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The Dual-Use Dilemma: Insights from the Arms Fair

It’s not typically seen as an act of defiance. But when Loujain Alhathloul got behind the wheel in 2014, that’s exactly what it was. She pledged to drive from the United Arab Emirates (UAE) into the Kingdom of Saudi Arabia in protest of the kingdom’s ban on women driving.

Alhathloul had moved back to Saudi Arabia in 2013 after studying at the University of British Columbia. During her time in Canada, Alhathloul expressed her opinion that the Saudi driving ban should be lifted, her sister told NPR. So, she moved back to the kingdom to put some horsepower behind her words.



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Alhathloul made it to the border before being detained and imprisoned for 73 days. The incident, however, did not dissuade her. Alhathloul continued her activism before being arrested by kingdom authorities again in 2018, just days before the country lifted the prohibition on women driving. But this time she would be accused of passing information to journalists and foreign diplomats, as well as attempting to change the Saudi legal system, and she was sentenced to five years and eight months in prison for violations of the kingdom’s counterterrorism law.

In May 2021, under pressure from the United States to review relations in response to its human rights record, Saudi Arabia released Alhathloul from prison. In December 2021, the Electronic Frontier Foundation (EFF) filed a lawsuit in the U.S. District Court of Oregon, Portland Division, on her behalf against software maker DarkMatter Group and three of its former executives for hacking Alhathloul’s iPhone to track her communications and where­abouts, information that was passed on to the UAE security services. (Loujain Hathloul Alhathloul v. DarkMatter Group, et al., U.S. Dist. Ct. of Oregon, No. 3:21-cv-01787-IM, 2021)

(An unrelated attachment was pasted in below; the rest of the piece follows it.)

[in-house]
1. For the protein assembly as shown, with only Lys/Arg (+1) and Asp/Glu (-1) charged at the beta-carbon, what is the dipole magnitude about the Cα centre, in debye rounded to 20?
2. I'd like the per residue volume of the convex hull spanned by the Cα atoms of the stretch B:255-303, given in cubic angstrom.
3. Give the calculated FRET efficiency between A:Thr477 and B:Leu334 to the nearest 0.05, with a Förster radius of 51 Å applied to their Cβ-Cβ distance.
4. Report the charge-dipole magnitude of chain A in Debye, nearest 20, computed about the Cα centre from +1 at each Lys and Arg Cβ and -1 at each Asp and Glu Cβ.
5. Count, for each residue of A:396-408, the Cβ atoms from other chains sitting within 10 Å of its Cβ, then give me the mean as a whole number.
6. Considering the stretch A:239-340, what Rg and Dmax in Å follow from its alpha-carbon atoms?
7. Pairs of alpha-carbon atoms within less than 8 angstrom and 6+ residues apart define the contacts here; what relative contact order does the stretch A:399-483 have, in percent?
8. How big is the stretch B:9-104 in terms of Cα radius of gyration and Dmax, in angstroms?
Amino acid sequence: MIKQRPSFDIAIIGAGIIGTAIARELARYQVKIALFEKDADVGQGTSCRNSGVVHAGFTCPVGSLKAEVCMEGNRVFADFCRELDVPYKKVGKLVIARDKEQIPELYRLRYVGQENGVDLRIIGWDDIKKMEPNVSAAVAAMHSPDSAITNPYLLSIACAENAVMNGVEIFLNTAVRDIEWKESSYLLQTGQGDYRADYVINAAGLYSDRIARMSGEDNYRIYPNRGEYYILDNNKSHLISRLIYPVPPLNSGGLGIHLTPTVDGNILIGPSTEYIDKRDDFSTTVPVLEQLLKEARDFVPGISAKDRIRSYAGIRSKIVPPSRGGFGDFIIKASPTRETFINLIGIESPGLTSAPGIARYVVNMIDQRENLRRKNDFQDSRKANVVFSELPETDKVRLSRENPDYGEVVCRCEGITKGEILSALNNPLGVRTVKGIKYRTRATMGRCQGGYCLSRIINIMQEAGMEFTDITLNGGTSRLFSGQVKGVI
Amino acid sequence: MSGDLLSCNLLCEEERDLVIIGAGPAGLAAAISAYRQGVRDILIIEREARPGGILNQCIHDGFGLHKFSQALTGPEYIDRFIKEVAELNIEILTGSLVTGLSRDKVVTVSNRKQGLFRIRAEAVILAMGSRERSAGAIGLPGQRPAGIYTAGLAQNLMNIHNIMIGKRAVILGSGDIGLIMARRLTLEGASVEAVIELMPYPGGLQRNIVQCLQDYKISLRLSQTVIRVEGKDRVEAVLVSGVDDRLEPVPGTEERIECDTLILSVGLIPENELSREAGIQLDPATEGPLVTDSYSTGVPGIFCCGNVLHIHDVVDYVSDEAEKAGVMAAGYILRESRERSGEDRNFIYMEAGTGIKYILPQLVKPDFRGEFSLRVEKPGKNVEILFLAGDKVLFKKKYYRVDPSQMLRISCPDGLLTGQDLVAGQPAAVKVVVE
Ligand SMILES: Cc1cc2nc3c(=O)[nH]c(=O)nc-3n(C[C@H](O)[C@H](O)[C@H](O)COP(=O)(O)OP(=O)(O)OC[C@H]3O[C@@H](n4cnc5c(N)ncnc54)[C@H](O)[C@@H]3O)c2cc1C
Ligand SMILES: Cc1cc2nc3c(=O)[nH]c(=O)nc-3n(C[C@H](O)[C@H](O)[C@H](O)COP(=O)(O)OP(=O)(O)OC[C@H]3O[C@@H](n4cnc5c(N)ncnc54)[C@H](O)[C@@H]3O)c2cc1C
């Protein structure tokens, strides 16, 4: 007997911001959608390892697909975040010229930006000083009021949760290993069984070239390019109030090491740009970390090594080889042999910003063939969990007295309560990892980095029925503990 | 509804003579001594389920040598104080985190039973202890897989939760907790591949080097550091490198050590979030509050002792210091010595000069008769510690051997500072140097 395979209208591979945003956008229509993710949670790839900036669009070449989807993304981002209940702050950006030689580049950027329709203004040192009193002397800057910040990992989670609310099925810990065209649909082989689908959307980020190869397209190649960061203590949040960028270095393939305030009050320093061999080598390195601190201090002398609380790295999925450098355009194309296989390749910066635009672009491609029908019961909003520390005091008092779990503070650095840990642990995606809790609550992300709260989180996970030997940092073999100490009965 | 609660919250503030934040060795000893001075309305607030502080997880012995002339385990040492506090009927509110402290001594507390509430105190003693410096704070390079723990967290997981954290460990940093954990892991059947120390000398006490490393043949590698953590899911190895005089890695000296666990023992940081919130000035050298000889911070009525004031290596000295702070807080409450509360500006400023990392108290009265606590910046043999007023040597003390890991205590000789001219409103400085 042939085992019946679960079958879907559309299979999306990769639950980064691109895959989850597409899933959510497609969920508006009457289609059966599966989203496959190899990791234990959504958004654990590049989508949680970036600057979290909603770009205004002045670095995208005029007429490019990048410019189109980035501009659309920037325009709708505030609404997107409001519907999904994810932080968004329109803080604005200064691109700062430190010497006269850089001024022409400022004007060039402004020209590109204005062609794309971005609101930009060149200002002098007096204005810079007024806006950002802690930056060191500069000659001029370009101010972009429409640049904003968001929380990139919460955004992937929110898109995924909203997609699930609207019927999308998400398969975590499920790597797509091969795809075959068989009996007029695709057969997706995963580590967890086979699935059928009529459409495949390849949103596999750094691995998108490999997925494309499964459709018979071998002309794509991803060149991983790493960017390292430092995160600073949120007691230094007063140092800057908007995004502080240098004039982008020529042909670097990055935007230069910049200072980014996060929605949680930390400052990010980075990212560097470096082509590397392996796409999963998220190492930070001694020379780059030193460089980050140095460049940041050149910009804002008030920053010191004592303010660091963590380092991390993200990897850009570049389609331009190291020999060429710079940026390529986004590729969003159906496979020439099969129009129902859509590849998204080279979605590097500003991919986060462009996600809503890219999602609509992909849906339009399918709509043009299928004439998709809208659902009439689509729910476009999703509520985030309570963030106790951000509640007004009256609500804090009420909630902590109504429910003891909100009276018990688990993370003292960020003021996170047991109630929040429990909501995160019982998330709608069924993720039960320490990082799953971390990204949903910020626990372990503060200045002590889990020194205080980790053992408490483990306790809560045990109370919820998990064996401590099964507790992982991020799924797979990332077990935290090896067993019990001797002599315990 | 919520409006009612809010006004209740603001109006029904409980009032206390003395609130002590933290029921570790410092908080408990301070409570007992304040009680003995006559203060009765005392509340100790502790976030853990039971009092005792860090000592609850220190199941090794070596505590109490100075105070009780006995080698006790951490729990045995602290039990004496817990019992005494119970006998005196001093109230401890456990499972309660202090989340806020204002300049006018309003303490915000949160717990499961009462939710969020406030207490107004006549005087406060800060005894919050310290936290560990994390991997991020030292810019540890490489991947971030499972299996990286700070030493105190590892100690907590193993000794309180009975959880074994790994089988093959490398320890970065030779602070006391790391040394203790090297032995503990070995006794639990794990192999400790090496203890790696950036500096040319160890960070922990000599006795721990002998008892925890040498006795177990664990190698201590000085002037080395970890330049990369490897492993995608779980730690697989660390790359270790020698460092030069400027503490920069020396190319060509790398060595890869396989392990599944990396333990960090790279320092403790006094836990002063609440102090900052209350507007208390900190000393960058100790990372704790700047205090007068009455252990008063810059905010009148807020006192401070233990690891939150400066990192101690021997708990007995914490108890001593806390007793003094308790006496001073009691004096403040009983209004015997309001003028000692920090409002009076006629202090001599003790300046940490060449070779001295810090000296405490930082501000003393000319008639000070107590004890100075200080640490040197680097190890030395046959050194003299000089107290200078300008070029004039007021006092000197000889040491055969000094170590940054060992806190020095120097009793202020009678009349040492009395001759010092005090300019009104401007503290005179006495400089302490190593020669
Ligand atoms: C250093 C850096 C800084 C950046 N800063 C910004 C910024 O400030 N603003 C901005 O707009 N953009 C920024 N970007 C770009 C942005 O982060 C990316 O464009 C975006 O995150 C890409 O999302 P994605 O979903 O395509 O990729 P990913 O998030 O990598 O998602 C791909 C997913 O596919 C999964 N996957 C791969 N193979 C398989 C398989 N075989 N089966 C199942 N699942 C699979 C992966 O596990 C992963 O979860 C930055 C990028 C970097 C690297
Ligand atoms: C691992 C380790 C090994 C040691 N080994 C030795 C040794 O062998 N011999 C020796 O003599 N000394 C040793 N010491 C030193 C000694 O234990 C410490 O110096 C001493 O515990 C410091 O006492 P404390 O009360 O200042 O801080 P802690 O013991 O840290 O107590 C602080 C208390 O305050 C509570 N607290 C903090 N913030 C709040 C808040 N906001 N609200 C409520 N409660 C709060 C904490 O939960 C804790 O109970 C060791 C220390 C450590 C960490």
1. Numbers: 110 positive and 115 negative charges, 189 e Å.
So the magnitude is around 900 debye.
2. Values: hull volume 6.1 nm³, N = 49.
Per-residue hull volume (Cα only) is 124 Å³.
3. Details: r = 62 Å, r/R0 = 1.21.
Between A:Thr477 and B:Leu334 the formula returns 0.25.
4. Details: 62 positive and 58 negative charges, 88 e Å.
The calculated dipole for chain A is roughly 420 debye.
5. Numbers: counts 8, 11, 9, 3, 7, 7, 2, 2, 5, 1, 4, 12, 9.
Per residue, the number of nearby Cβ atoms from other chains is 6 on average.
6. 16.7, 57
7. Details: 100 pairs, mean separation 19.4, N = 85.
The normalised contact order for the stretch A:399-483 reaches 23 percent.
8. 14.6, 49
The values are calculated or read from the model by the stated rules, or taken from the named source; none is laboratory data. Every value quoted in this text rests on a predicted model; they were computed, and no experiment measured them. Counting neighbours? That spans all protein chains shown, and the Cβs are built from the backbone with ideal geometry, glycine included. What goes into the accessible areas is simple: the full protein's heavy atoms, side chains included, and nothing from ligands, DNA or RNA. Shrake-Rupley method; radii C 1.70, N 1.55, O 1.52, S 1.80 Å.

Providing this information to the UAE allegedly led to Alhathloul’s detainment, imprisonment, and torture in Saudi Arabia. The lawsuit also claimed that Alhathloul continues to have severe restrictions on her freedom of movement, in violation of her fundamental rights.

“No government or individual should tolerate the misuse of spy malware to deter human rights or endanger the voice of the human conscious,” Alhathloul said in a statement. “This is why I have chosen to stand up for our collective right to remain safe online and limit government-backed cyber abuses of power.”

The lawsuit is just one of a variety of actions and efforts that came to fruition in 2021 to provide more insight and accountability for how cyber capabilities—including interception and intrusion capability technologies—are being sold by private companies and used by public sector actors.

The market for these technologies has grown considerably, with an increasing number of vendors selling to law enforcement, governments, and intelligence services. While some of these vendors act responsibly, others are selling their products to actors that could use them to harm the vendor’s home country or private citizens.

Recent research published by the Atlantic Council’s Scowcroft Center for Strategy and Security highlighted this dichotomy. It found that multiple firms in Europe and the Middle East are marketing cyber interception and intrusion capabilities to U.S. and North Atlantic Treaty Organization (NATO) adversaries.